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And the winner of the Last Word survey is ... Stephen Colbert!

Can Tom Martin convince him to share his views on digital media?

Stephen Colbert captured 37% of the votes.

Ask big questions, and you'll get big answers. That's exactly what happened when we asked our audience to help decide who should have the last word in Tom Martin's social experiment, Talking with Tom, which we're sponsoring.

Each Monday since January, Tom has shared a new video interview with a leading digital thinker, asking them to answer the question, "What's next {in digital media}?" He's assembled an impressive list of folks, and as his last interview approaches in December, we wanted to help him kick it up a notch.

At the beginning of August, we drew up a dream list of possible interviewees for Tom's 52nd — and final — interview, and after a month of voting by new and old friends alike, the winner is … Stephen Colbert.

Colbert received 37% of the votes on a list of folks that included Bill Gates, Arianna Huffington, Steve Jobs, Marissa Mayer, Kevin Rose, Chris Sacca and Sheryl Sandberg. Steve Jobs and Arianna Huffington came in second and third place, respectively. We also encouraged write-ins and saw suggestions such as Jon Stewart, Bill Clinton, Warren Buffett and J.K. Rowling. Even will.i.am got a vote.

"We handed the reins to you, the online community, to tell us who you'd like to hear talk about the future of digital media. And you picked a doozy," says our CEO, Clint Smith. "But that's part of the fun. The challenge now will be to reach out to Stephen Colbert exclusively through social media and convince him to be part of the video interview goodness."

Yep, that's right. Now it's up to Tom to land an interview with Colbert via social networks alone. He can tweet at Colbert, send him a message on Facebook, try to join his LinkedIn network (A LinkedIn search reveals 256 results for Stephen Colbert – which one is the real Colbert?), make a video request and post it on YouTube, and, well, you get the idea. Think he can do it?

"To quote Yoda, 'Do or do not. There is no try,'" says Tom. "It's getting Colbert on camera or fail. I don't expect it to be easy. I imagine I'll need to spend a large portion of the rest of the year trying to Colbert to agree to give the last word."

To follow Tom's progress, subscribe to Talking with Tom here. And, while you're there, check out the more than 30 interviews he's already posted (they're around two minutes each). Tom will also post periodic updates on his pursuit of Colbert on his blog. And stay in-the-know on Twitter by following @TomMartin and @emmaemail.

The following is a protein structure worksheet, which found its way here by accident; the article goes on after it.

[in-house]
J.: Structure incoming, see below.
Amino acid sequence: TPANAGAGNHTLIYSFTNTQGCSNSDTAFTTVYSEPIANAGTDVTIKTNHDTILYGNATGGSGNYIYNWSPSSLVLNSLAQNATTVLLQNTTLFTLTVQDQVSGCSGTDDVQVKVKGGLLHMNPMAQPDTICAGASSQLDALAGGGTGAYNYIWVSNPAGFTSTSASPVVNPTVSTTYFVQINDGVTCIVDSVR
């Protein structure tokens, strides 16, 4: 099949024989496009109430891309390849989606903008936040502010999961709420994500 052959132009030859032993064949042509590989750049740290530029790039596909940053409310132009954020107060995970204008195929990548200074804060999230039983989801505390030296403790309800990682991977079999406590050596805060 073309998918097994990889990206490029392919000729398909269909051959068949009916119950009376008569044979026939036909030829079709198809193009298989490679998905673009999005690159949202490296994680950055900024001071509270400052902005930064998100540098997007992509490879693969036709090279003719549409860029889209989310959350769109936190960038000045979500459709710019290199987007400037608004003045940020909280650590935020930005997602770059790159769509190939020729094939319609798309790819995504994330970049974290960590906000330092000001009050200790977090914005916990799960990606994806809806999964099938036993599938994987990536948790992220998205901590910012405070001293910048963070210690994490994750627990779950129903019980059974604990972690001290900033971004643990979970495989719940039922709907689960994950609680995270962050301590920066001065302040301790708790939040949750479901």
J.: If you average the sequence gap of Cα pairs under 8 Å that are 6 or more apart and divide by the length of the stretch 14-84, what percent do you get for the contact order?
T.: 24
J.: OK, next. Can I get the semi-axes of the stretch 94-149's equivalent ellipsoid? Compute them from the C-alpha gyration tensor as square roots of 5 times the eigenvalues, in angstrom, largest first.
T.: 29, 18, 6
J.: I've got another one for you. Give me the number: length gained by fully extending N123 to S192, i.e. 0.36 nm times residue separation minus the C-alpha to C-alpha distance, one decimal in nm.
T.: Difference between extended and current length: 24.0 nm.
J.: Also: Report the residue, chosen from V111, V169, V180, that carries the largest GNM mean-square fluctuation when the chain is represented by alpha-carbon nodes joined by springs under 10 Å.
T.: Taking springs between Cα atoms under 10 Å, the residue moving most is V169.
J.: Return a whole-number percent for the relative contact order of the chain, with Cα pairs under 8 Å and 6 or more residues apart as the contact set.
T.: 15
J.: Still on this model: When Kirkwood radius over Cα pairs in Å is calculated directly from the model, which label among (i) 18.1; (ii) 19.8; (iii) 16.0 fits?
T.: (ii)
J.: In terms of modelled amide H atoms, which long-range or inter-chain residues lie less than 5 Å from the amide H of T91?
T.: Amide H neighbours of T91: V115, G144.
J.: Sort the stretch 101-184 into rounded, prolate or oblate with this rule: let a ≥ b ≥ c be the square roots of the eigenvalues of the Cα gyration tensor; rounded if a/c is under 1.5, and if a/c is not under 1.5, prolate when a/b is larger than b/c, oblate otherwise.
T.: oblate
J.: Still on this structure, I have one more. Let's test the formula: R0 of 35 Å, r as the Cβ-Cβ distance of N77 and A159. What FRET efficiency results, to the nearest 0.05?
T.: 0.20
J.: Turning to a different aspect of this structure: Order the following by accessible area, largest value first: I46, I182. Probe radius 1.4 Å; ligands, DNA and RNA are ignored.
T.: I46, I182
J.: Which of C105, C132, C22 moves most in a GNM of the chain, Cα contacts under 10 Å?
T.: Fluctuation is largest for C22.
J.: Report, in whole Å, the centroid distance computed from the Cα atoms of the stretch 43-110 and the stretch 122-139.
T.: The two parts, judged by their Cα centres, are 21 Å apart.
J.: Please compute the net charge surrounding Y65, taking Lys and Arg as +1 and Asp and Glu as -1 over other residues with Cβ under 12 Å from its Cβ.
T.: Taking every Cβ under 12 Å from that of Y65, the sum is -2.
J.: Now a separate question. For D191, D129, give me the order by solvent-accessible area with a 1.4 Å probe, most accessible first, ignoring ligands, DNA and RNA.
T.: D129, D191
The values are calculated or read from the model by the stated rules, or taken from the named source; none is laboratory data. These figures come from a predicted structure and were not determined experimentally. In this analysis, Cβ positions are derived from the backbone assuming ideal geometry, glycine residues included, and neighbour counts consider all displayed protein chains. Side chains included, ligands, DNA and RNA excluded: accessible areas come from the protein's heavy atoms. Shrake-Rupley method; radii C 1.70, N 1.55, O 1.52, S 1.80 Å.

Oh, and it goes without saying, if you know Stephen Colbert or someone who knows Stephen Colbert … or someone who knows someone who knows Stephen Colbert, tweet at us. Let's help make this happen, folks!

The Brainiac Guide to Welcome Email Automation

Yes, we have a content strategy

Part one in our content strategy series shows how a company of any size can tell their story effectively

These days, articles about content strategy are as easy to find as preposterous reality TV shows. But to be clear, the content advice is much more valuable, and is much less likely to get drunk on its sudden celebrity. A smart approach to content is important for any organization, whether you're selling some furniture, running an agency or saving the world. The right content — which basically refers to anything from a blog post to a video to your tweets to, of course, your email campaigns — means that you're intentionally telling your brand's story to the people at the right time in the right places.

Our own content strategy includes a monthly roundup like this one.

You can find solid advice for building your content plan in all kinds of places, such as The Content Strategist and A Book Apart. And you can keep track of what's new by following a few people who like to tweet about that stuff, from Emma's own Molly Niendorf to Brain Traffic CEO Kristina Halvorson.

We're getting in on the fun by doing this five-part series, and we're kicking it off with a few basics. I've been developing content strategy for more than a decade now (although we didn't used to call it that), for companies ranging from tiny start-ups you've never heard of (not that the content strategy was to blame for the organization's demise, mind you) to some corporate behemoths, and these are my top tips.

1. Know what you want to say. What's your story? Do you have a story, or do you just have a product to sell or a cause to promote or some other goal to achieve? Whatever you're aiming to do, spend some time figuring out the story that's driving it. Your audience will be much more engaged if you craft a narrative for them and help them experience what you're all about, instead of just telling them.